Next Generation Learning

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In “Uncovering Successful Next Generation Learning Strategies,” Hanover Research's Managing Director Blair Milam and Content Director Heather Popielski discuss several aspects of the classroom setup, professional development, evaluation and policy and organizational considerations around the future of K-12 public education. The Next Generation classroom will contain personalized learning through teaching students as individuals, differentiation in teaching methods, varying content and solid objectives. It will contain project and inquiry-based learning through asking driving questions about real world challenges to develop voice and improve written and oral communication skills, which is exemplified currently in district-run virtual schooling. Professional Development will be focused on 3 main components—instructional shifts, use of instructional technology and assessment literacy—while evaluation needs to focus on sample measures of several components, including test scores, independence, critical-thinking, student engagement, applied skills and teacher feedback. Lastly, there are several policy and organizational considerations in that technology use policies are becoming more lenient and evaluation is becoming more heavily weighted in the use of digital portfolios.

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  • Source: “Partnership for Next Generation Learning.” Council of Chief State School Officers, 2010. http://www.ccsso.org/Documents/2010/PNxG_Innovation_Lab_Net_Overview-Aug%2010_2010.pdf

  • Source: “Partnership for Next Generation Learning.” Council of Chief State School Officers, 2010. http://www.ccsso.org/Documents/2010/PNxG_Innovation_Lab_Net_Overview-Aug%2010_2010.pdf

  • Source: Amenta, R., and Lowery, R. E. “Personalized Learning Environments.” Learning Environments Consortium International. http://www.lecforum.org/publications/Pers_Learning_Environments_Article_1.htm
  • Source: “Innovate to Educate: System [Re]Design for Personalized Learning.” Software & Information Industry Association, 2010. http://www.siia.net/pli/presentations/PerLearnPaper.pdf
  • Source: Lane, J.L. “Inquiry-based Learning.” Schreyer Institute for Teaching Excellence. http://www.schreyerinstitute.psu.edu/pdf/ibl.pdf
  • Source: “What Does an ‘Embodied Lesson’ Mean?” SMALLab Learning, November 6, 2012. http://smallablearning.com/what-does-embodied-lesson-mean
  • Next Generation Learning

    1. 1. www.hanoverresearch.com© Copyright 2014 Hanover Research Uncovering Successful Next Generation Learning Strategies
    2. 2. 2 INTRODUCTION
    3. 3. 3 Uncovering Successful Next Generation Learning Strategies www.hanoverresearch.com Defining Next Generation Learning Next Generation Learning Is about more than just edtech – it’s about personalization, C&CR, and student engagement. The term refers to a range of instructional practices and tools that support the goals of personalization. Personalized learning Comprehensive systems of learning supports Anytime, everywhere opportunities NEXT GENERATION LEARNING World-class knowledge and skills Performance-based learning Authentic student voices Source: CCSSO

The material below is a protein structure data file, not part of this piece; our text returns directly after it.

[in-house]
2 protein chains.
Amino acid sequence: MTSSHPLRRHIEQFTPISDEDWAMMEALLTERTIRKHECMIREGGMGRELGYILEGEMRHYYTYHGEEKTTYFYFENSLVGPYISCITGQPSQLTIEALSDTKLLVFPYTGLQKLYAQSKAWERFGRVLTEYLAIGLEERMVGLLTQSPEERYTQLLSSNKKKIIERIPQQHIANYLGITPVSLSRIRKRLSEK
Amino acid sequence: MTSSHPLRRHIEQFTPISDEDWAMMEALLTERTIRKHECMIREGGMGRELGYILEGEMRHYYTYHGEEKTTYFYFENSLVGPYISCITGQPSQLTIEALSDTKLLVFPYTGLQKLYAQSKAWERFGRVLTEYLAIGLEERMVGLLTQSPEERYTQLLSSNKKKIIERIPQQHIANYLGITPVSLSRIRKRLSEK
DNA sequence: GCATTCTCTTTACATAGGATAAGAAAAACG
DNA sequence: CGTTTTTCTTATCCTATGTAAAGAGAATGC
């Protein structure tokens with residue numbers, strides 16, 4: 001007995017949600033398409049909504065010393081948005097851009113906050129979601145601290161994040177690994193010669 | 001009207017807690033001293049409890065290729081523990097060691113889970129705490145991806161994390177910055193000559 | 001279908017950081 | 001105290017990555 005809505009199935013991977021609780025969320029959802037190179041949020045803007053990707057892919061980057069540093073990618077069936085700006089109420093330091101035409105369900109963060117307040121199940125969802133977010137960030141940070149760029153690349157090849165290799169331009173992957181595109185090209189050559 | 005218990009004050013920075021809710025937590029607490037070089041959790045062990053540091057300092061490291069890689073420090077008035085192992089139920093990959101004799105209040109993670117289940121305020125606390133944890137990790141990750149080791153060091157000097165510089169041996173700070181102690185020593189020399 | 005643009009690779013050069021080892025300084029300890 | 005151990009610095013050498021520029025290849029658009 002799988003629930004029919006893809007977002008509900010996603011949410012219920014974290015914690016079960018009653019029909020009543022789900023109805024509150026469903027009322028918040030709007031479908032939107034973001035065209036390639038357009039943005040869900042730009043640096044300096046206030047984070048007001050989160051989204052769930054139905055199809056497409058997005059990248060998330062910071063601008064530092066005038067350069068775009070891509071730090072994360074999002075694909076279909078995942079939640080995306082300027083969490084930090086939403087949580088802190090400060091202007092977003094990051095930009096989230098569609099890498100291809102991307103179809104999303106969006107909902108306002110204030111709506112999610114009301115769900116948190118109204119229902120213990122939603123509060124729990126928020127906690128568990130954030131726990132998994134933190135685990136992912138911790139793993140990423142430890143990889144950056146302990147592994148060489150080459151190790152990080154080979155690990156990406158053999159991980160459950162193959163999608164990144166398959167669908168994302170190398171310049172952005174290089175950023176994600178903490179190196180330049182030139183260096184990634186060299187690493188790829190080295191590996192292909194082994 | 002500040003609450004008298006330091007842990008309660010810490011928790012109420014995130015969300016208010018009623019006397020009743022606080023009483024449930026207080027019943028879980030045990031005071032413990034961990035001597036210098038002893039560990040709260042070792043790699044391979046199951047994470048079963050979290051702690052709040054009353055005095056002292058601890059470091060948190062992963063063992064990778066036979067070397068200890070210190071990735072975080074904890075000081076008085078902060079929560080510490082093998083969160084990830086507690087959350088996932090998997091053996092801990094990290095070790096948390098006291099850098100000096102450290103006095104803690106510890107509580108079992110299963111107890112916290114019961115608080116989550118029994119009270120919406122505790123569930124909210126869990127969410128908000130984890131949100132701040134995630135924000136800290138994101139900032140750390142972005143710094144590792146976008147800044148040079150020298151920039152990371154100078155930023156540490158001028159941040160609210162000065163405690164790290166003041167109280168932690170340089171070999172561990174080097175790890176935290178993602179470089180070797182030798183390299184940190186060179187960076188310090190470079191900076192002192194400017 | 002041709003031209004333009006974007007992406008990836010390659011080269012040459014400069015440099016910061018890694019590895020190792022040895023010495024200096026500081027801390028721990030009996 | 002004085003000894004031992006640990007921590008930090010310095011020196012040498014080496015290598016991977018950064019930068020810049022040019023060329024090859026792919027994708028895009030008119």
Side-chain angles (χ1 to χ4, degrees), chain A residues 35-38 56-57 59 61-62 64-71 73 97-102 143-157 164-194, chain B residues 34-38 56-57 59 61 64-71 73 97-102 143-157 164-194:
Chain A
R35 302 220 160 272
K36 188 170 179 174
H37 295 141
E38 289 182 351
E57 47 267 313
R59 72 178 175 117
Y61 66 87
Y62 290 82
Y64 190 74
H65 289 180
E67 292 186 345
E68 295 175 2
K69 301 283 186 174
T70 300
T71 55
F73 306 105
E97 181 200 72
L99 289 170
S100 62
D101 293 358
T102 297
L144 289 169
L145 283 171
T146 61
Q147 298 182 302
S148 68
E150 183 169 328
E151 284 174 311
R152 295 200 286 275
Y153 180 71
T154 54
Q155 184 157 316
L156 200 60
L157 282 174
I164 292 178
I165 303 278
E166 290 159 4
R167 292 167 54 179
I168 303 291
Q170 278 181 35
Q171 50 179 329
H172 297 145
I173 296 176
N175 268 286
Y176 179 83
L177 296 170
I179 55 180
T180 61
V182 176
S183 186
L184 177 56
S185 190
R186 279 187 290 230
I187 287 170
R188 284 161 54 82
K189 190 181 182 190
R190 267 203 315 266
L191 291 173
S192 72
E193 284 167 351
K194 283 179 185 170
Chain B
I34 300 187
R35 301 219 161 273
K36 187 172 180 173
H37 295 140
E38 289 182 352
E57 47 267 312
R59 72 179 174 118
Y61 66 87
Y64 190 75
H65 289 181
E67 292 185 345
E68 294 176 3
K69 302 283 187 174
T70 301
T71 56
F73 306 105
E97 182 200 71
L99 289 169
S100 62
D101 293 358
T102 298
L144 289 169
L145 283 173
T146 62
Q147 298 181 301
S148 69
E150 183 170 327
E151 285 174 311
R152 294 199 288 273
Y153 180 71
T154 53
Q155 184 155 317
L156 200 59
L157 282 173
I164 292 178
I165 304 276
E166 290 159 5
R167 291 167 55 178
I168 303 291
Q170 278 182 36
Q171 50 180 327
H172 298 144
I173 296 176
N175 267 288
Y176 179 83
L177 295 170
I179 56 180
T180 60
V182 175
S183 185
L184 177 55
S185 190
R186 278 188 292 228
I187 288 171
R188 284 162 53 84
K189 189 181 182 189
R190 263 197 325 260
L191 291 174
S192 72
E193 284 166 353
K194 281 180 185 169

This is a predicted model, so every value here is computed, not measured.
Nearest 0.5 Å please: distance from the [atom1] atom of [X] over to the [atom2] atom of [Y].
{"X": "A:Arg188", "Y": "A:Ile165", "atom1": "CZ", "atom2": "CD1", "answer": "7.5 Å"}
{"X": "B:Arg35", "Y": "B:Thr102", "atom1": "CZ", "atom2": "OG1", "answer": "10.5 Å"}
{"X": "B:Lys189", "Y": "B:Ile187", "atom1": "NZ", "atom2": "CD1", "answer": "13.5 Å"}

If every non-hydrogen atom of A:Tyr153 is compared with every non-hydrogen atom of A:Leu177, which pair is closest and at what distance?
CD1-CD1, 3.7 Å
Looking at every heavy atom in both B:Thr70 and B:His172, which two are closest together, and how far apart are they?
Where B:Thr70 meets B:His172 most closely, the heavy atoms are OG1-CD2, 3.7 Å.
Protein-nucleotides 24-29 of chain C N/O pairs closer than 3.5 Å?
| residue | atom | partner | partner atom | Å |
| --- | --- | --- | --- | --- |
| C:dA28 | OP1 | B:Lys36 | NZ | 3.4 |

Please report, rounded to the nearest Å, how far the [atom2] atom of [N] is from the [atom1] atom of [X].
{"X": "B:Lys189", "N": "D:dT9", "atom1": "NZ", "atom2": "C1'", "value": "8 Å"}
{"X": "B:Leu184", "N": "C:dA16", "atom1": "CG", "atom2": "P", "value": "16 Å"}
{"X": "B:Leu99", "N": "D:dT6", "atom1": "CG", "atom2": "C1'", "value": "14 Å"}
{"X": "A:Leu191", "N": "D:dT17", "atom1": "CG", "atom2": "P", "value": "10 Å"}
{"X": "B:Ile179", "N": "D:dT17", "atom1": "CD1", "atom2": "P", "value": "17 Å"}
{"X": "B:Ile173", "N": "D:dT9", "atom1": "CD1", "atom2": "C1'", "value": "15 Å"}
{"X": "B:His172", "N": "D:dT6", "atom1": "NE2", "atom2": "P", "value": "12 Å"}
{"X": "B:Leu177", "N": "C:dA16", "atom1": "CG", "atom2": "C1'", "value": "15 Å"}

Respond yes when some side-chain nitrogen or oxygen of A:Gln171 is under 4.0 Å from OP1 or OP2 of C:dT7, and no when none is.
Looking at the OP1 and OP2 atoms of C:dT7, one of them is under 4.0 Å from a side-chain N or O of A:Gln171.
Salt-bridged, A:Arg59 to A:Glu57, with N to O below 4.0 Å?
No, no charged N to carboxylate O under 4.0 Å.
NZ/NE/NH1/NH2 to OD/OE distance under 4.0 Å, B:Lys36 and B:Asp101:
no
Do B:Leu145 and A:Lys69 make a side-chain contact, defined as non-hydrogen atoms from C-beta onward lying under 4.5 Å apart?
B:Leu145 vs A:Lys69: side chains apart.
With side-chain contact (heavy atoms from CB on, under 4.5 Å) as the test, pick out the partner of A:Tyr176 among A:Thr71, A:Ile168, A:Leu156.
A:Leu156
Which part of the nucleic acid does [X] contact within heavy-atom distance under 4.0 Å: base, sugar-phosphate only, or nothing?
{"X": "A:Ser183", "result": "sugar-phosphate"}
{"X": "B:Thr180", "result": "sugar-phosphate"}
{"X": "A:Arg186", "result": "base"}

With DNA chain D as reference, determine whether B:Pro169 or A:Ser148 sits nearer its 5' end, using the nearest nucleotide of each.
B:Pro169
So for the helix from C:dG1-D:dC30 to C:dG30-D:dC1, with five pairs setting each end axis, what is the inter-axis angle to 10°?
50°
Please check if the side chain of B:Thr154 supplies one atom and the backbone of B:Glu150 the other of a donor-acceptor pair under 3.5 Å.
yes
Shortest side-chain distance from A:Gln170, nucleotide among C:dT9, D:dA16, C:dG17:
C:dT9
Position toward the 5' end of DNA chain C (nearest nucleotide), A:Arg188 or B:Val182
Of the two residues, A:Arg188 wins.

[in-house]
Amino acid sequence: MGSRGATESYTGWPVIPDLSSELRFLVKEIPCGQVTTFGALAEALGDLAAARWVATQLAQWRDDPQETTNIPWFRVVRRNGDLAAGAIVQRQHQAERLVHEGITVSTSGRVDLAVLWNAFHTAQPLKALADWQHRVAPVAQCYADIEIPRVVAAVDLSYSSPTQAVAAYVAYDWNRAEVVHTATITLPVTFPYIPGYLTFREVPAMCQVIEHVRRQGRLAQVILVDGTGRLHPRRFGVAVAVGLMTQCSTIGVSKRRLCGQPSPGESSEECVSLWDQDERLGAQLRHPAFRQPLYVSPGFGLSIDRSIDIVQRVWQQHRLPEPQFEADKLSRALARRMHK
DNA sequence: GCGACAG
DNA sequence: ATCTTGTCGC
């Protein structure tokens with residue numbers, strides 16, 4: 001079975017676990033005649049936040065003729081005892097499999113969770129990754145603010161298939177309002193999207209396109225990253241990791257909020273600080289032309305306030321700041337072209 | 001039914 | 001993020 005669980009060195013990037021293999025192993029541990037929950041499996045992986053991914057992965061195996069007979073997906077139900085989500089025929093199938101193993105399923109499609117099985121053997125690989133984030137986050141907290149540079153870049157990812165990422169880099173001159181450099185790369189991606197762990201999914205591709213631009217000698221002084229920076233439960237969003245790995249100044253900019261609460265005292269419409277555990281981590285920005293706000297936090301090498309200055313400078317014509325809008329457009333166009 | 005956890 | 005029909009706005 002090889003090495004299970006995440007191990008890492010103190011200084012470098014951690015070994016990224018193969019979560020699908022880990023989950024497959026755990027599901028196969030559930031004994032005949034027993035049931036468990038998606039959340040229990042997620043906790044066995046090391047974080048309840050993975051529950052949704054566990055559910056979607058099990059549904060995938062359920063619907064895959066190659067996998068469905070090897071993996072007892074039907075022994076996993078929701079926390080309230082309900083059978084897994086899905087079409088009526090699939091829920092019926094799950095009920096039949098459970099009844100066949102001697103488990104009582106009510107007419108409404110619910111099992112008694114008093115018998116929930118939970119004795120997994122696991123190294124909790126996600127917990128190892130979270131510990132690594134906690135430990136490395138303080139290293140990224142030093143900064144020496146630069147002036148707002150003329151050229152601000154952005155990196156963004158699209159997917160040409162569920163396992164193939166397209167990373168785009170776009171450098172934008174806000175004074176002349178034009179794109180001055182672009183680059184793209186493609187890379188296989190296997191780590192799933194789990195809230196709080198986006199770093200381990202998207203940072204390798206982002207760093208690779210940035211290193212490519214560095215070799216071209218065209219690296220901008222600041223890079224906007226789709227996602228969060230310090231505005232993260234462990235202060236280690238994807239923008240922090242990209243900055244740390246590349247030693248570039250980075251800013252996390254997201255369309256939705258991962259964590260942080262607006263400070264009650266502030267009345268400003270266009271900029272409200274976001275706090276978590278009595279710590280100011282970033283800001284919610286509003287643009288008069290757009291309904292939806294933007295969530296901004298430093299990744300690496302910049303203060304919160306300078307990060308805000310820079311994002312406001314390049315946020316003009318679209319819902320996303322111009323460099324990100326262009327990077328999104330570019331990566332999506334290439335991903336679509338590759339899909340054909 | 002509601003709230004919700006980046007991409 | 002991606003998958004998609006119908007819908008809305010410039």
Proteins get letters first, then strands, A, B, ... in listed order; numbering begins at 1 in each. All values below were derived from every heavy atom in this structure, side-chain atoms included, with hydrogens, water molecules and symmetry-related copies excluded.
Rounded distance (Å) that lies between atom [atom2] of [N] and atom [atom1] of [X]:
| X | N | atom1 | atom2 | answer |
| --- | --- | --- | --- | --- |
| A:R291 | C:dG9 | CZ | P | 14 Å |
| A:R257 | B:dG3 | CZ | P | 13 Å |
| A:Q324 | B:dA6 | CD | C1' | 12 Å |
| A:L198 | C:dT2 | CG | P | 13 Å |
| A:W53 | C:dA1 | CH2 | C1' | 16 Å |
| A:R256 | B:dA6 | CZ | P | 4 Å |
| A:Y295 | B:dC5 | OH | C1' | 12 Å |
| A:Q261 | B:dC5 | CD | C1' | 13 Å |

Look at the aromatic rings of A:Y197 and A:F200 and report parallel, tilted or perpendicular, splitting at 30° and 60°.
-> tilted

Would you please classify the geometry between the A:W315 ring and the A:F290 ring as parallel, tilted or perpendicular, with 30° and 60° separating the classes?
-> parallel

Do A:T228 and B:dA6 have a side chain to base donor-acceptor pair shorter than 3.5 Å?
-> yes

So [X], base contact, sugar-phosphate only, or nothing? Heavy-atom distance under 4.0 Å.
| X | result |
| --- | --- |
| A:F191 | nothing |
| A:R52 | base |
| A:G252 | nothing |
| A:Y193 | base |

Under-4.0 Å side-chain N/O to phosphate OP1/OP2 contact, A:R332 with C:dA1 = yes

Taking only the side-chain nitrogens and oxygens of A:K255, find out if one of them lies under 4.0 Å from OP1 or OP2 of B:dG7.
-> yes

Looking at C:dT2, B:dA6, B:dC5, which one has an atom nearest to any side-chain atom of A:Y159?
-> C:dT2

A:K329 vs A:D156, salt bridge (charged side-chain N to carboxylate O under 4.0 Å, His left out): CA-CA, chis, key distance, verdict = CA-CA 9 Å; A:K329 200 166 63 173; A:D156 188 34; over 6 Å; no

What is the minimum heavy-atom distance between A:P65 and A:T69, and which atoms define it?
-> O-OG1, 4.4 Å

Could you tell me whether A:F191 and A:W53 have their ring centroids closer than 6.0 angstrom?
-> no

4. 4. 4 Uncovering Successful Next Generation Learning Strategies www.hanoverresearch.com Defining Next Generation Learning There are some known factors that make tools effective: A blend of computer-based and classroom learning Adaptive software that targets individual students’ weaknesses A variety of content delivery methods to keep students engaged EFFECTIVE TECHNOLOGY-ENHANCED PROGRAMS Automatic feedback generation for students and teachers A software platform that allows teachers to organize data and alter the curriculum
    5. 5. 5 THE NEXT GENERATION CLASSROOM
    6. 6. 6 Uncovering Successful Next Generation Learning Strategies www.hanoverresearch.com Personalized Learning Personalization aims to foster greater academic competency and mastery. It incorporates both differentiation and individualization while advancing beyond them. Source: Hanover Research Report:: Innovative Middle School Programs Individualization Instruction that is paced to the learning needs of different learners. Differentiation Instruction that is tailored to the learning preferences of different learners. Personalization Instruction that is paced to learning needs, tailored to learning preferences, and tailored to the specific interests of different learners. PERSONALIZATION VARYING CONTENT AND OBJECTIVES INDIVIDUALIZATION DIFFERENTIATION
    7. 7. 7 Uncovering Successful Next Generation Learning Strategies www.hanoverresearch.com Works with students of various grade and achievement levels continuously over the course of their educational career. Advises and monitors a group of 20-25 students. Develops learning guides for assigned subject areas. Meets with students in small group seminars. Coaches students in small groups and in one-on- one instructional settings. Evaluates student achievement on specific subject content. Meets with parents of 20-25 students about their progress. Personalized Learning: Shifting Responsibilities for Teachers TEACHER’S ROLE IN THE TRADITIONAL CLASSROOM TEACHER’S ROLE IN PERSONALIZED INSTRUCTION Teaches several new classes of 25-35 students for a semester or year, each year. Cover course content within allocated amount of time. Tests for levels of student achievement on given content. Teaches all students of various abilities simultaneously. Meet with approximately 80-100 to parents about the success or failure of their child. Keep class attendance records of 80-100 students. Source: Amenta, R., and Lowery, R. E. “Personalized Learning Environments.” Learning Environments Consortium International.